To the editor: Thank you for publishing Leo Golinkin's most timely essay about our current national paranoia. It's comforting to hear the voice of reason from a U.S. citizen who experienced the darkness of the Cold War as a native son of the Soviet Union. ("Heinous, ideological enemy? The U.S. has been there before," Opinion, Jan. 14)
Unfortunately, on Thursday evening, we heard the antithesis of his reasoning during the GOP presidential debate. In the primary campaign, we have heard how the end is near, that we need to carpet bomb the Middle East until we make the sand glow.
It appears reason is a virtue that few in the campaign have cultivated.
Frank Ferrone, El Cajon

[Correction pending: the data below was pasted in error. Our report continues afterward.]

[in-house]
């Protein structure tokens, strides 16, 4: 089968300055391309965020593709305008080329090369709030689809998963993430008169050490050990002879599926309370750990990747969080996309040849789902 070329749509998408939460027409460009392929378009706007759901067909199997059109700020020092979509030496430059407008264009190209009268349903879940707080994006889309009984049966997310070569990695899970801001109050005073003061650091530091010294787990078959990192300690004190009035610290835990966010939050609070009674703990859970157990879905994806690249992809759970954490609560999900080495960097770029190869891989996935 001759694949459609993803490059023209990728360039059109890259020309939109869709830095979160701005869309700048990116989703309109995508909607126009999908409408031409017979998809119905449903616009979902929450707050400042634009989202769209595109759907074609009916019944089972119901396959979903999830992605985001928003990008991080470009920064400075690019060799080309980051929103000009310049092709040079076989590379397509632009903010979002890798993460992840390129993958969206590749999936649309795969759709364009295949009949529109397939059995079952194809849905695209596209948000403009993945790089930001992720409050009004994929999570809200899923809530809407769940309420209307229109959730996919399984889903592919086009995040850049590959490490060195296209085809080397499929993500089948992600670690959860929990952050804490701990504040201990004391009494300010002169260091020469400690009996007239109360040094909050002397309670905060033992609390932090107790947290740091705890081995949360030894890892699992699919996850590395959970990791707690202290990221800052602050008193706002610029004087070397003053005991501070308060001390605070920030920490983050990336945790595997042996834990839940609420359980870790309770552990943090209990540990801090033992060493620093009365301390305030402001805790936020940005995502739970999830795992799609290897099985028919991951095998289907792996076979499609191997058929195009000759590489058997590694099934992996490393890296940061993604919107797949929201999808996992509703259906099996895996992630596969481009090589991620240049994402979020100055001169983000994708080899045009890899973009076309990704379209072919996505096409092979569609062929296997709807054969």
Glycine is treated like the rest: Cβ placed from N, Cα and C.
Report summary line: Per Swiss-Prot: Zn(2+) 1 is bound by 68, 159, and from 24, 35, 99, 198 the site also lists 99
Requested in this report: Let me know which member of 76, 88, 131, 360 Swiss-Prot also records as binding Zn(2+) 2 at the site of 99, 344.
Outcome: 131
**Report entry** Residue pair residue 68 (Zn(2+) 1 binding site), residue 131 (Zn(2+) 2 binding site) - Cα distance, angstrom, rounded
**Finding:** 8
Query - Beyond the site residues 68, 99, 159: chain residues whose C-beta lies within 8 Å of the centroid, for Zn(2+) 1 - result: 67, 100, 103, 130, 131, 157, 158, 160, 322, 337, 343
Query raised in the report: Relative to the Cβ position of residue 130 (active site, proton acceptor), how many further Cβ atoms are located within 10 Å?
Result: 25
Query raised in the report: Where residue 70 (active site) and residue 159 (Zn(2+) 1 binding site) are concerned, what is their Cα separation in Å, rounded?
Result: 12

To the editor: Gee, I'm sorry that Americans are offending Golinkin by being concerned about Islamic terrorists. What offends me is Golinkin's snide references to Sen. Joseph McCarthy's campaign against communist infiltration into our government back in the Cold War days.
History has, at the very least, partly vindicated McCarthy.
Meredith Gardner, a brilliant cryptologist, had broken the Soviet codes in the mid-1940s and regularly deciphered Russian secret messages flowing between Washington and Moscow. This was not publicly acknowledged until 1996 when the U.S. Commission on Government Security honored him as an "unsung hero" of the Cold War.
He had ultimately found cover names for more than 300 Americans who were spying for the Soviets. There was not a single agency of the American government that the Soviets hadn't infiltrated. All this was kept secret so the Soviet code messages could continue to be intercepted.
Unfortunately, little has been done to rehabilitate McCarthy.
James E. Bie, Palm Desert
To the editor: I'm old enough to remember McCarthy. It's amazing how much presidential candidate Sen. Ted Cruz (R-Texas) looks and sounds like him.
Jim Woodard, Woodland Hills